fans wig out over this band. This certainly
wasn't the case when I was their age (or even a year ago at actual
Future Islands shows). Maybe the next generation
isn't doomed after all. Then again, (a different) one of these
young, hot, vapid girls (that all look like they are cloned
from an iPhone commercial) asked me if I was "the band's photographer",
so maybe they aren't doomed, but they
sure seem to be stupid.
All that silliness aside, Future Islands put on a tremendous show, as
per usual. I don't think they know any other way to
be. Their live act is as it always is, regardless of the size of
the stage - Sam paces around like a caged wolverine per-
forming a one man play, and the rest of the band holds down the
backbone in a very stone faced manner. I'm pretty
sure they played all of "In Evening Air", most of the new record "On
The Water", and plenty of old songs to boot. It was
a nice, long gig, the band feeding strongly off of the nearly sold out
crowd at their first headlining Cradle show - not only
were the kids dancing, but they were screaming and yelling like it
was...a Justin Bieber concert. And then there was
that one older woman who kept stroking Sam's leg, which hit firmly in
the category of "creepy but funny". I love weirdos.
And Future Islands. I'm so glad they play here as often as they
happy that Waffle House was okay with me coming here to talk to y'all
about my day-to-day. And, y'all, that's pretty
much, in a shell what it's like to manage a Waffle House. Ma'am, I
don't know what else you want me to say to them.
And I'm also gonna need to know where your commode's at."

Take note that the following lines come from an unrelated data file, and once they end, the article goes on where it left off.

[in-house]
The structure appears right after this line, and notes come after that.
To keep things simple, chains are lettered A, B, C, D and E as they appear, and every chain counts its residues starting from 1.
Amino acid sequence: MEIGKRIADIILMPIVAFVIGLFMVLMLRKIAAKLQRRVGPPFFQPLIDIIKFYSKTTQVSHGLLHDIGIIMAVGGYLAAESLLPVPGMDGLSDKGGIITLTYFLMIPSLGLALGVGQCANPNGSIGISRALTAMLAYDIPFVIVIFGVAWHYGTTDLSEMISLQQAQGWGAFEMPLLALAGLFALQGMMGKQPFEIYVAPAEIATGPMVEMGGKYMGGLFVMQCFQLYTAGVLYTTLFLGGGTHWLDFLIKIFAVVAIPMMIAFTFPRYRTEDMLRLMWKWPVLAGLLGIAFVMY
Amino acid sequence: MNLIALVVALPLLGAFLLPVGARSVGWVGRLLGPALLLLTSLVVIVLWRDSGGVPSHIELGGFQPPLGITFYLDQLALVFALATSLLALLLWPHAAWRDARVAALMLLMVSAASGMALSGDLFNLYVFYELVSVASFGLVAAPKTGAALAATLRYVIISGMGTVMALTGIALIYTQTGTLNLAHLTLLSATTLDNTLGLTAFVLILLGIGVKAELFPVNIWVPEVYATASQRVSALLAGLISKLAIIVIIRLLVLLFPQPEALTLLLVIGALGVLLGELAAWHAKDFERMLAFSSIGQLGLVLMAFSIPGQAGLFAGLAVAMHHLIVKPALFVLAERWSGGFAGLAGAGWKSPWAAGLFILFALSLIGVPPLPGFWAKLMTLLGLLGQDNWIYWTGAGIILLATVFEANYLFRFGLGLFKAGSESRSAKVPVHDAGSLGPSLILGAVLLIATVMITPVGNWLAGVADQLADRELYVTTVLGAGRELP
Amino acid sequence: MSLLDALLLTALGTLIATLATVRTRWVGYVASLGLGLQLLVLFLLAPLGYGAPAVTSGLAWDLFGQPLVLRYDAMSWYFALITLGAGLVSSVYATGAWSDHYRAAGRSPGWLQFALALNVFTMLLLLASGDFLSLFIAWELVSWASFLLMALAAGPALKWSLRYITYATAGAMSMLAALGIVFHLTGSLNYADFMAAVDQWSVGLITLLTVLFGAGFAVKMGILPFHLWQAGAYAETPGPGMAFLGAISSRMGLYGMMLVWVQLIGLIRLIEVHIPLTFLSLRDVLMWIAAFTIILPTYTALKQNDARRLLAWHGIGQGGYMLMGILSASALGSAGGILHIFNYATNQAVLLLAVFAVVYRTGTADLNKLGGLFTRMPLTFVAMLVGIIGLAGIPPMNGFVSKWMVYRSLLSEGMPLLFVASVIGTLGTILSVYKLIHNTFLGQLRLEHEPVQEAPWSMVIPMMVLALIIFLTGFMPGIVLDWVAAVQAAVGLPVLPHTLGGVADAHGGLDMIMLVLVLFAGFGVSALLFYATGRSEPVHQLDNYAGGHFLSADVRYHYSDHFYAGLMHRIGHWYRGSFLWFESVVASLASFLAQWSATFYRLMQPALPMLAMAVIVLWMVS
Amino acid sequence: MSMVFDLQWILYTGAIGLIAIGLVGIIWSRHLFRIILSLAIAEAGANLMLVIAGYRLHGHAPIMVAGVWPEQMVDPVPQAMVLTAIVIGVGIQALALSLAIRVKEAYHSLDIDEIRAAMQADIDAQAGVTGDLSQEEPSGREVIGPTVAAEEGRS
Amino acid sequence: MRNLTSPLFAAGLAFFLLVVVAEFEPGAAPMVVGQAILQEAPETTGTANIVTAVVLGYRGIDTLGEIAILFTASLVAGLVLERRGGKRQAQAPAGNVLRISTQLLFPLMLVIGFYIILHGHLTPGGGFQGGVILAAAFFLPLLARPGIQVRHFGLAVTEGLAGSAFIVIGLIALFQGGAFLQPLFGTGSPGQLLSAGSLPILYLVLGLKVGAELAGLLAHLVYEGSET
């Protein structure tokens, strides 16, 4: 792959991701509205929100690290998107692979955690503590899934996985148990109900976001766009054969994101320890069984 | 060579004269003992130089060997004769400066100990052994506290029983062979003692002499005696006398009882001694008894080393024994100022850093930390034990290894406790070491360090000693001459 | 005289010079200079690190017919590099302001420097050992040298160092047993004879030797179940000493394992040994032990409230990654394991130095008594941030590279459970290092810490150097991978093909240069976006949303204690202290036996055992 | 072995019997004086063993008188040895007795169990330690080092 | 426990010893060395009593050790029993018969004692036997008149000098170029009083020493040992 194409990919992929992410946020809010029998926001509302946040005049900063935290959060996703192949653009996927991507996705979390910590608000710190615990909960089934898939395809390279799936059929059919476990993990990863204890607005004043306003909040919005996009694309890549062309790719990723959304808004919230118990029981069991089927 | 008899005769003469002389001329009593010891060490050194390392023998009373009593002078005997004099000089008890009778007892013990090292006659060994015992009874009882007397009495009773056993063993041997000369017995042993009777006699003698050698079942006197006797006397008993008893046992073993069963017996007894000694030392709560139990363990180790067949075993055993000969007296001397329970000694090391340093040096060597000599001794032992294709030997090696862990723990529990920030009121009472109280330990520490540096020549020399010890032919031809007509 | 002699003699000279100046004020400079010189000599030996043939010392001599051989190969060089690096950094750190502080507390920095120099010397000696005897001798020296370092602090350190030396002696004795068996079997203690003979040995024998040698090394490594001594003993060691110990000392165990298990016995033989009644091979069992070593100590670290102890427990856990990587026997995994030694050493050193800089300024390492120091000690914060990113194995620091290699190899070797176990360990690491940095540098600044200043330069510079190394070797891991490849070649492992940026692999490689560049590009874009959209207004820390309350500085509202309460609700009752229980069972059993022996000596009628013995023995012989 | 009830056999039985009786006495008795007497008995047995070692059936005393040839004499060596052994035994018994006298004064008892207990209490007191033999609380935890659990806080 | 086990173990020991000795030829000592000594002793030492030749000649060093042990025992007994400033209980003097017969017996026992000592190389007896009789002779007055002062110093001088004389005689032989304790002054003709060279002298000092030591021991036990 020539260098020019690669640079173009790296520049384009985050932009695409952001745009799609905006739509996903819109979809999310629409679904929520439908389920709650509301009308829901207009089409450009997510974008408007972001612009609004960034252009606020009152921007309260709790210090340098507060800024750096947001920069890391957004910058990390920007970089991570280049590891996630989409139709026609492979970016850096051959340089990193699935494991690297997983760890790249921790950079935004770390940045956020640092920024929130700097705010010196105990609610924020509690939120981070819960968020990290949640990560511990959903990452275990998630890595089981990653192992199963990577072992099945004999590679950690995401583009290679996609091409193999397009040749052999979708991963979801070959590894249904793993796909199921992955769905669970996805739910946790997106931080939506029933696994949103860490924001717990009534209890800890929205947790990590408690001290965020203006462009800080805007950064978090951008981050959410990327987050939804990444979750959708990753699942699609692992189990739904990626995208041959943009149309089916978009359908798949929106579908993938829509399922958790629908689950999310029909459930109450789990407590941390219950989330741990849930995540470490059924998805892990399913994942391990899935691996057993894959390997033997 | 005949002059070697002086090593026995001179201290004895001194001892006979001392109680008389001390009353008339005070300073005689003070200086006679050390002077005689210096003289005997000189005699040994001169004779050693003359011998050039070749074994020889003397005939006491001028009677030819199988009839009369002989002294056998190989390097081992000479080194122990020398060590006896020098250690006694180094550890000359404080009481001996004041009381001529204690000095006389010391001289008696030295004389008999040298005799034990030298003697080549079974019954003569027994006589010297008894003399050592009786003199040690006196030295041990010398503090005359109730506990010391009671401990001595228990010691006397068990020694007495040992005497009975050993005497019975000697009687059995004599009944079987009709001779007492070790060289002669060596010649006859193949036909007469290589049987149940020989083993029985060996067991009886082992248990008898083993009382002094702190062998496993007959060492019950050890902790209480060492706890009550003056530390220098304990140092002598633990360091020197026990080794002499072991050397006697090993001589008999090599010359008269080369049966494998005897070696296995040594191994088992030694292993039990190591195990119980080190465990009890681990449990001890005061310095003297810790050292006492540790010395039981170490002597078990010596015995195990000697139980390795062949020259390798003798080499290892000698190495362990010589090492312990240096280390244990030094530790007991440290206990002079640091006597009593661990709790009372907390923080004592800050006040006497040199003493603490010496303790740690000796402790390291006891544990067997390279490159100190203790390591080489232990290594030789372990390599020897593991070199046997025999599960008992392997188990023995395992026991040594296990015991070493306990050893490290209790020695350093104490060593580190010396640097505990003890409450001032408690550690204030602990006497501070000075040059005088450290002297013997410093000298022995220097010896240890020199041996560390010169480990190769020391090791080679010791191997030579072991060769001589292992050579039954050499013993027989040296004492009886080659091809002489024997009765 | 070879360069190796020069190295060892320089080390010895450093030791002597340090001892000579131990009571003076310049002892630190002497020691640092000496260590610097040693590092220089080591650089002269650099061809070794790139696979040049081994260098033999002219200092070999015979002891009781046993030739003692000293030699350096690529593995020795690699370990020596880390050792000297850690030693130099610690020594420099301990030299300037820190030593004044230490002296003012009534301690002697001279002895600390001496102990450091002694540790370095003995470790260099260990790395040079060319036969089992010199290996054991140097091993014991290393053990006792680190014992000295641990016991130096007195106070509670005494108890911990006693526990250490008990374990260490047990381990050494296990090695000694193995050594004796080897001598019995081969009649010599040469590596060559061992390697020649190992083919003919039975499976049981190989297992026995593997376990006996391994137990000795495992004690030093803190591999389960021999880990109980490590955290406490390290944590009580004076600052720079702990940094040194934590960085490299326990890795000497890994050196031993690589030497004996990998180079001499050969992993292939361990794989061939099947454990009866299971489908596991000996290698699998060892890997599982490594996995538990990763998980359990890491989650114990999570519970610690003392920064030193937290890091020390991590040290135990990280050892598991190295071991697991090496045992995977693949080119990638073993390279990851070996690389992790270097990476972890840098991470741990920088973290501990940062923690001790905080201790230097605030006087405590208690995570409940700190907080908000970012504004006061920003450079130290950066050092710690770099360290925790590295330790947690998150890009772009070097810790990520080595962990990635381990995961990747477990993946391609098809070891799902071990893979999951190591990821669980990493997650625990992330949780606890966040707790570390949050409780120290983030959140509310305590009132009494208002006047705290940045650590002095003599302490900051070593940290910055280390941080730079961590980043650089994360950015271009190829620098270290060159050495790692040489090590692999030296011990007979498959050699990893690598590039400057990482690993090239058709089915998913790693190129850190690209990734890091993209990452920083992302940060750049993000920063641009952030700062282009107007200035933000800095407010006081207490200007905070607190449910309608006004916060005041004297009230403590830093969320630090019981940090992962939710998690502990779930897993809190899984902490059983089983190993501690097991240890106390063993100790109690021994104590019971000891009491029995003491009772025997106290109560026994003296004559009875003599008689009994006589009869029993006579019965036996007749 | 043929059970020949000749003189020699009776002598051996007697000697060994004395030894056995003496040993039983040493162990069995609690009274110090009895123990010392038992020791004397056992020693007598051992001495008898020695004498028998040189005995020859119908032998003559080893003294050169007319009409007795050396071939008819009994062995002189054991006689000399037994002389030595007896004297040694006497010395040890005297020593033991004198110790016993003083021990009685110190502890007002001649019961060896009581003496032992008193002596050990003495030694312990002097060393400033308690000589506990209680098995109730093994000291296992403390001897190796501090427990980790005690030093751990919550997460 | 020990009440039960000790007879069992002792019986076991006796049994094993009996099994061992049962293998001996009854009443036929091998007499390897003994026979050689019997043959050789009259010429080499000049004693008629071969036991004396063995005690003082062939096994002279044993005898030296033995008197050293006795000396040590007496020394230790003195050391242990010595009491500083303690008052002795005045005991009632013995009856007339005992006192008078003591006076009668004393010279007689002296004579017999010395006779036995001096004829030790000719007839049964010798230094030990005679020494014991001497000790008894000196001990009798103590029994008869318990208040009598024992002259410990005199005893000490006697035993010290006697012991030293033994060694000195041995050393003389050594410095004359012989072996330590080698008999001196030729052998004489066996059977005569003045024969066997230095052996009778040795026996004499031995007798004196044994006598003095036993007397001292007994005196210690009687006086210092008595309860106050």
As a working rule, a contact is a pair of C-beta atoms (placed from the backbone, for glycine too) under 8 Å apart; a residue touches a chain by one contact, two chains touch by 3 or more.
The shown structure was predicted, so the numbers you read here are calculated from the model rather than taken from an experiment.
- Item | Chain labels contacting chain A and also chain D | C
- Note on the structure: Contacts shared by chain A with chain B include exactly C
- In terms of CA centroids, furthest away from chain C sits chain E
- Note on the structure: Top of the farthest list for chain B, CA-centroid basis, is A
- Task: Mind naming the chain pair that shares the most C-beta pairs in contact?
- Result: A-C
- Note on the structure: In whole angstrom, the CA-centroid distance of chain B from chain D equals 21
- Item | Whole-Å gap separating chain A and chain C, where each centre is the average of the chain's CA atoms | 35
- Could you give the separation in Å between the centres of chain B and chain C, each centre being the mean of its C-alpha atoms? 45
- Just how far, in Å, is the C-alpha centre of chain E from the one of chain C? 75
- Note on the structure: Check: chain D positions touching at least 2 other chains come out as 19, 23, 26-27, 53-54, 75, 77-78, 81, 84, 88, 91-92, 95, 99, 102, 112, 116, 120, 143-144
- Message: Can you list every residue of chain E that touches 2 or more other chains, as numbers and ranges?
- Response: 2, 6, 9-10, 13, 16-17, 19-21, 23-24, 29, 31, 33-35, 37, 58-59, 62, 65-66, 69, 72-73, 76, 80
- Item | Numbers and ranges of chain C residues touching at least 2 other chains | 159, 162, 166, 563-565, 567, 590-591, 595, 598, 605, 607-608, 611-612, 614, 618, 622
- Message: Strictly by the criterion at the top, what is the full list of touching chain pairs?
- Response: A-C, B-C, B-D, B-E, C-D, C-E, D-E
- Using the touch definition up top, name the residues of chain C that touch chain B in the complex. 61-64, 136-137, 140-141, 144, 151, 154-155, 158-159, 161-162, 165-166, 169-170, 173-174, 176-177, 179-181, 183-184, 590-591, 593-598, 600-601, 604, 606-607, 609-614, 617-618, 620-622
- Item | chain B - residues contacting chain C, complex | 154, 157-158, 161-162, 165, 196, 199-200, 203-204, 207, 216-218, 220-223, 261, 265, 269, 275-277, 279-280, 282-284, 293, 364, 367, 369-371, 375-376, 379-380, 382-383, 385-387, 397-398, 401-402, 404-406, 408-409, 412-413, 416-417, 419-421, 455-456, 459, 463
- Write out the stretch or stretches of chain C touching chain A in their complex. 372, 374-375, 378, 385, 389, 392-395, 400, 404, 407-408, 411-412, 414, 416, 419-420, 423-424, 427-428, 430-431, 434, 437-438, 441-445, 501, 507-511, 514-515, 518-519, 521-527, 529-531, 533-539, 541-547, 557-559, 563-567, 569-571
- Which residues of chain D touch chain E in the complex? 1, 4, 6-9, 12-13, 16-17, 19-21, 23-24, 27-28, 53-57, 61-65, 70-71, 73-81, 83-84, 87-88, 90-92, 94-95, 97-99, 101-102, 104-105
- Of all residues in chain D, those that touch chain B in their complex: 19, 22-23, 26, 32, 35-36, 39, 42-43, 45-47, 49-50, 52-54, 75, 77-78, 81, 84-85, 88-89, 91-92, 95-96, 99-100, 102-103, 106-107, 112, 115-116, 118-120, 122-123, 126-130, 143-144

M83 - New
Map. I didn't even bother uploading "Midnight City"
cause everyone has that memorized at this point.
Such a great fuckin' record though.
Girls - Honey
Bunny. One of the best songs of the year...the rerst
of the album doesn't quite live up to this track,
but it's good.
Magnolia Electric Co - Northstar
Jason Molina is so criminally underrated it's not even funny.
He's going to
constantly be name-checked as an all-time great songwriter at some
point...hopefully sooner rather than later.
Dark Don't Hide It.
Shuggie Otis - Inspiration
This was a good thrift store find.
Stephen Malkmus & The Jicks -
A couple of epic jams from Malkmus. I used to be non-plussed
about his solo work, but I'm feelin' it lately.
The Minus 5 - Cigarettes
Booze. Minus 5 records always sound more like a
mixtape than a cohesive
band. These are the best two tracks from "The Gun Album".
Three Mile Pilot - Planets.
I was so ecstatic that these guys put out a new record last year.
One of my all-time fav-
Blag'ard - Babushka.
Highly underrated local duo, born from the ashes of the great Capsize